By Kitty Block and Sara Amundson
Enzo was just a tiny puppy when he was lifted into a carrier and placed in one of our animal rescue vehicles last July. He was being taken away from Envigo’s massive dog breeding facility in Virginia where he was born. Until that moment, he was likely destined for a life in an animal testing laboratory. Instead, Enzo was spared from that life, one that would have been rife with fear, loneliness and pain—and today he is enjoying all the things that every dog deserves: running in the grass, lounging on the sofa and playing with friends.
The sole purpose of the Envigo facility, and others like it around the country, was to breed beagles as quickly as possible and sell them to facilities for use in experiments. There are also numerous other facilities thriving on the breeding of primates, mice, ferrets and many other animals used in laboratories. Enzo was one of nearly 4,000 beagles at Envigo, which had racked up dozens of Animal Welfare Act violations, including failing to document the cause of death for hundreds of puppies, euthanizing dogs without anesthesia, and providing inadequate veterinary care. Envigo closed the facility, and we were approached by the U.S. Department of Justice to remove all the dogs, which we were able to do with the help of our shelter and rescue partners. We are doing all we can to ensure no other company steps in to simply replace those dogs.
As we mark the one-year anniversary of that historic operation, we continue to celebrate reports of the wonderful homes these beagles have found, and the love they’ve brought into the lives of those who adopted them.
We’re also celebrating the great strides that we have made for dogs and other animals suffering in laboratories over the past year. We are leading a worldwide campaign to ensure that animal tests and experiments are systematically replaced with non-animal alternatives that are better at predicting how the human body will respond to drugs, chemicals and medical devices and more effective for researching how human diseases develop and respond to treatment.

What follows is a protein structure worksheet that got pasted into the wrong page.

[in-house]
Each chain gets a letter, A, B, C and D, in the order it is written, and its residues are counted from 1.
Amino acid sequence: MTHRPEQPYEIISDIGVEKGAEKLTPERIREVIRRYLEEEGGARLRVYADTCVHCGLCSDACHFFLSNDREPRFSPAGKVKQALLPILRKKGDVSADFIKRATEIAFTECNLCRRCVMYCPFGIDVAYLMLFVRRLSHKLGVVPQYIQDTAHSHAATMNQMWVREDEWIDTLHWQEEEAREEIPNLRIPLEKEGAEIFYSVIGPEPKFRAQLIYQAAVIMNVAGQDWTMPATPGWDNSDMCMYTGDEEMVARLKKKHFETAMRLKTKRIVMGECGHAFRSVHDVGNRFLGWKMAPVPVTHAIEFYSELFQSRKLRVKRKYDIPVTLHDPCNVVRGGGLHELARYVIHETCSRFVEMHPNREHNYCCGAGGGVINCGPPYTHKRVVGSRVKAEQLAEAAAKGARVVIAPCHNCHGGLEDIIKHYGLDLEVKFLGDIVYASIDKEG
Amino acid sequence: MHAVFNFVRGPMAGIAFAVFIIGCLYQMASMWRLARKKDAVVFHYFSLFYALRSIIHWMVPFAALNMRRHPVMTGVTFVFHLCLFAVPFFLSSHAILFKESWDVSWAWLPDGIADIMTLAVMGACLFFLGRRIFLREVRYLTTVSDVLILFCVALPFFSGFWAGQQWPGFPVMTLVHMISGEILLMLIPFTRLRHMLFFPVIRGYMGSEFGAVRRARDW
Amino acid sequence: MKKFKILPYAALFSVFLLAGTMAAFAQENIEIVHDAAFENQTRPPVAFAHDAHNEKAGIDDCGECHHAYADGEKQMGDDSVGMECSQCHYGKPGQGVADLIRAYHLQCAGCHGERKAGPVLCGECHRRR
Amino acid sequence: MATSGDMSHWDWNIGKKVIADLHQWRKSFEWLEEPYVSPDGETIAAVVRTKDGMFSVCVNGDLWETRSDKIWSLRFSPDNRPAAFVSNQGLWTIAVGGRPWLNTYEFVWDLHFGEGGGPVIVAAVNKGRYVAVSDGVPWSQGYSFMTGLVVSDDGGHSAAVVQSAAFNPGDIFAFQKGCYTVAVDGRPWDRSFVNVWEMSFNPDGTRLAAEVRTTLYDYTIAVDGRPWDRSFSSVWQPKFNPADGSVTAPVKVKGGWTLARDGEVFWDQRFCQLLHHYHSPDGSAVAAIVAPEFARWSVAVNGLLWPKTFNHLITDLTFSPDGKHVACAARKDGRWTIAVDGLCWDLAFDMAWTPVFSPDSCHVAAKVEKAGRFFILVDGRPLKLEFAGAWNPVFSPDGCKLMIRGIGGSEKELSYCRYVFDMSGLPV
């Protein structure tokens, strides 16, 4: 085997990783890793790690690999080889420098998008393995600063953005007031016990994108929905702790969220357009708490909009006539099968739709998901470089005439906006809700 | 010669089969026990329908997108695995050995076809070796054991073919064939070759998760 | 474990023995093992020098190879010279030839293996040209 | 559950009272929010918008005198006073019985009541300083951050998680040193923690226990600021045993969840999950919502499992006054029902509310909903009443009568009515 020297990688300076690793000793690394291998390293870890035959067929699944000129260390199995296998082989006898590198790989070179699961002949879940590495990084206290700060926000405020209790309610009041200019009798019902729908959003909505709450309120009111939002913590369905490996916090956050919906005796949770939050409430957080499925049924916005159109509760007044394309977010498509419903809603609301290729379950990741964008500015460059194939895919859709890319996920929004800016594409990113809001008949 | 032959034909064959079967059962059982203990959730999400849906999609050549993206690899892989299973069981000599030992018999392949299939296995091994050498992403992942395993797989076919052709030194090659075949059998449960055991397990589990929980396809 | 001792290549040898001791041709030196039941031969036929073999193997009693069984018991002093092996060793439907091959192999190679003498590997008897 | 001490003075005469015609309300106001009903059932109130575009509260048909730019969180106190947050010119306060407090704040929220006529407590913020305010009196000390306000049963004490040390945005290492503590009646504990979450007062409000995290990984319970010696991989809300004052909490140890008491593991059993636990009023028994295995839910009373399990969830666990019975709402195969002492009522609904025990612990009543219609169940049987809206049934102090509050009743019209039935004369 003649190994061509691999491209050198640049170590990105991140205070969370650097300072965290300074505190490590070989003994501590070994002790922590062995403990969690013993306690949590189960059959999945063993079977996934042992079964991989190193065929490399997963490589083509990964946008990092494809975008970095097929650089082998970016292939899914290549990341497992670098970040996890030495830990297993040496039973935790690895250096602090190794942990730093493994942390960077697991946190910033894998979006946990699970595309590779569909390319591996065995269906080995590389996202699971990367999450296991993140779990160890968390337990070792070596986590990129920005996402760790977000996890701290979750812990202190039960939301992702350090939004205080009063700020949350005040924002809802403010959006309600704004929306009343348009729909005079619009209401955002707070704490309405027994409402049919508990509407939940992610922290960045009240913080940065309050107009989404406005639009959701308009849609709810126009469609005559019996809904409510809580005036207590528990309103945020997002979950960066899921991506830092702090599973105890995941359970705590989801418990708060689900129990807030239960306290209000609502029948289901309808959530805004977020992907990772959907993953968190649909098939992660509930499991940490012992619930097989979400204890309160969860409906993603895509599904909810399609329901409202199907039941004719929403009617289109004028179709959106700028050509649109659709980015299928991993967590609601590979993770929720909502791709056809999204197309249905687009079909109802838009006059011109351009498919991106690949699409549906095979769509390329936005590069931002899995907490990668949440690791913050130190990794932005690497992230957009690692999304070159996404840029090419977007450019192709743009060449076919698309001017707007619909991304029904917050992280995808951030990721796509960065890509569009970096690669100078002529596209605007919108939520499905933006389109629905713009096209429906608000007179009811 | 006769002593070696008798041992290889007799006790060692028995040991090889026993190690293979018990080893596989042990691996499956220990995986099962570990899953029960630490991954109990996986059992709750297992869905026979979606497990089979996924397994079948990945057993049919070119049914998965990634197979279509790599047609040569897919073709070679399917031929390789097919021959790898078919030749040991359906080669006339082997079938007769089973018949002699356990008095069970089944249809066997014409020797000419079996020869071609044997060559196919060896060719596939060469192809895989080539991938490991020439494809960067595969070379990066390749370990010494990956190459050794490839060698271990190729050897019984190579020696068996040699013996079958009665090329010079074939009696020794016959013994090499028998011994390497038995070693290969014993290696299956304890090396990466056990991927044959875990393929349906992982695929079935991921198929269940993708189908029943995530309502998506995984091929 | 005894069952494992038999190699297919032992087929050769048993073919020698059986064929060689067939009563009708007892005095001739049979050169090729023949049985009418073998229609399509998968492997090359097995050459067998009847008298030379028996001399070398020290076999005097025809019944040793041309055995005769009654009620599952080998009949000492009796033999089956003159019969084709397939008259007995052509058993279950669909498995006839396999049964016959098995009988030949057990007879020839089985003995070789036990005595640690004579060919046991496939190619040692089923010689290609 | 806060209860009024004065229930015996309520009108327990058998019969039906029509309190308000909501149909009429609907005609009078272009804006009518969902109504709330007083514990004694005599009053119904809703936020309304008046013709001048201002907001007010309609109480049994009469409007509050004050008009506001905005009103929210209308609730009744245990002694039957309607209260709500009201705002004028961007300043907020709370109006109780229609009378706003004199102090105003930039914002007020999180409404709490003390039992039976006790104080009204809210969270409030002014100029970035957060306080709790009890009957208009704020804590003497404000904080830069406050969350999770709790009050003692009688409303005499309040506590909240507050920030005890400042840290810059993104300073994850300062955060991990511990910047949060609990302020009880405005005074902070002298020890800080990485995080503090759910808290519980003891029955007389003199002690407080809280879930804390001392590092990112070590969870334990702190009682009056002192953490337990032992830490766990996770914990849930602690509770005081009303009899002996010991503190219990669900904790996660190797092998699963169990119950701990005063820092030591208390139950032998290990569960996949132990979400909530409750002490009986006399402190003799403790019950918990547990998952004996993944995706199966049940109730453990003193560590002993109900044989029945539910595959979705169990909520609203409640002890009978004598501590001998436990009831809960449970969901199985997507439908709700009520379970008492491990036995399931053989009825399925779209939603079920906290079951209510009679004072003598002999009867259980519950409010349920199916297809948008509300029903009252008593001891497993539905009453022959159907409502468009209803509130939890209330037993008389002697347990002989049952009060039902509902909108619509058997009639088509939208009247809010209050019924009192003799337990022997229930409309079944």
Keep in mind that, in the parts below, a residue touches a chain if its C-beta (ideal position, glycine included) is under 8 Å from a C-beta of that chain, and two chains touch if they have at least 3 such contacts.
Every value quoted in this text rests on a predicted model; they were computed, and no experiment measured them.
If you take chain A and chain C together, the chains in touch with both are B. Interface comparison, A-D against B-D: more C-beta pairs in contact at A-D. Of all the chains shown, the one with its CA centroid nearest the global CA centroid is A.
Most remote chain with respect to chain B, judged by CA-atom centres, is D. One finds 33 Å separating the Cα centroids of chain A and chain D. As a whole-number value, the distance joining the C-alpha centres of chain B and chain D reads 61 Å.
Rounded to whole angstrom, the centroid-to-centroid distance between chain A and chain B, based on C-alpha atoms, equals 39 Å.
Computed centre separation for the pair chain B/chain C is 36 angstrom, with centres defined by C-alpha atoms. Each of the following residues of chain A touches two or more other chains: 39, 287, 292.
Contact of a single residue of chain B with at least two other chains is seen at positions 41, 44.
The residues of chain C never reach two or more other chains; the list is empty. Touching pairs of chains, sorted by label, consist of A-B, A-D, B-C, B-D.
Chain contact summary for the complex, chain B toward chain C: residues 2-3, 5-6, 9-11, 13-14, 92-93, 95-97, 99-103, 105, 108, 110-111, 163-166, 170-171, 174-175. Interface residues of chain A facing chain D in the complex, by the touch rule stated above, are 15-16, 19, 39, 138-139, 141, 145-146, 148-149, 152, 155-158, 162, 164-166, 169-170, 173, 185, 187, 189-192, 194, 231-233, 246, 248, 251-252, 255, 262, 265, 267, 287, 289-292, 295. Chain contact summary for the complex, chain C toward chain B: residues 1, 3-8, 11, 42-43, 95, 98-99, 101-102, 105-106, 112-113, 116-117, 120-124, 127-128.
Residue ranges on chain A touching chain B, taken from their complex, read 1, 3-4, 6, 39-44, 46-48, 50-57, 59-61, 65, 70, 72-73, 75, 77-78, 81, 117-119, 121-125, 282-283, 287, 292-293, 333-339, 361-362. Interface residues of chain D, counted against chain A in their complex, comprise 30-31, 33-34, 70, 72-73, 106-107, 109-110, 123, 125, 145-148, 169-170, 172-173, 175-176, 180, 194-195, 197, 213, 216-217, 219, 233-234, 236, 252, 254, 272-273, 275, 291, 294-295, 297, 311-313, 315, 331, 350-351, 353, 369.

In pursuit of that goal, in the U.S., we have secured funding commitments from Congress to ensure that Environmental Protection Agency and the Food and Drug Administration accelerate the development of non-animal methods and reduce or eliminate animal testing. We are also pushing the FDA to ensure that non-animal methods for drugs, medical devices and vaccines are being developed, approved and used instead of animal tests.
You can make a difference for animals in labs and other facilities by getting involved in our work at the federal level:
- On average, nearly 60,000 dogs are used in experiments each year in the U.S. and tens of thousands more are held in laboratory breeding facilities. Join us in calling on state and federal officials to end experiments on dogs and invest in science that doesn’t cause animal suffering.
- Join us in calling on the FDA to stop relying on outdated animal testing and commit to a shift towards more accurate non-animal test methods.
At the state level, we are advocating for a range of laws that tackle animal testing, too, by requiring the development of alternatives, prohibiting dog and cat use, and requiring that laboratories take steps to give dogs and cats used for testing a chance at adoption. There are recent enactments or possibilities for positive legislation in California, Illinois, Maryland, Massachusetts, Michigan, Pennsylvania and Virginia.
Animals don’t deserve to spend their lives in laboratories—especially when the experiments they are used in are of limited benefit and cutting-edge technologies have the ability to transform human health. Your support—along with our work with legislators, scientists, companies and others—is critical to replacing animal experiments with better alternatives and working towards the day when animals like Enzo no longer suffer in the name of science.
Sara Amundson is president of the Humane Society Legislative Fund.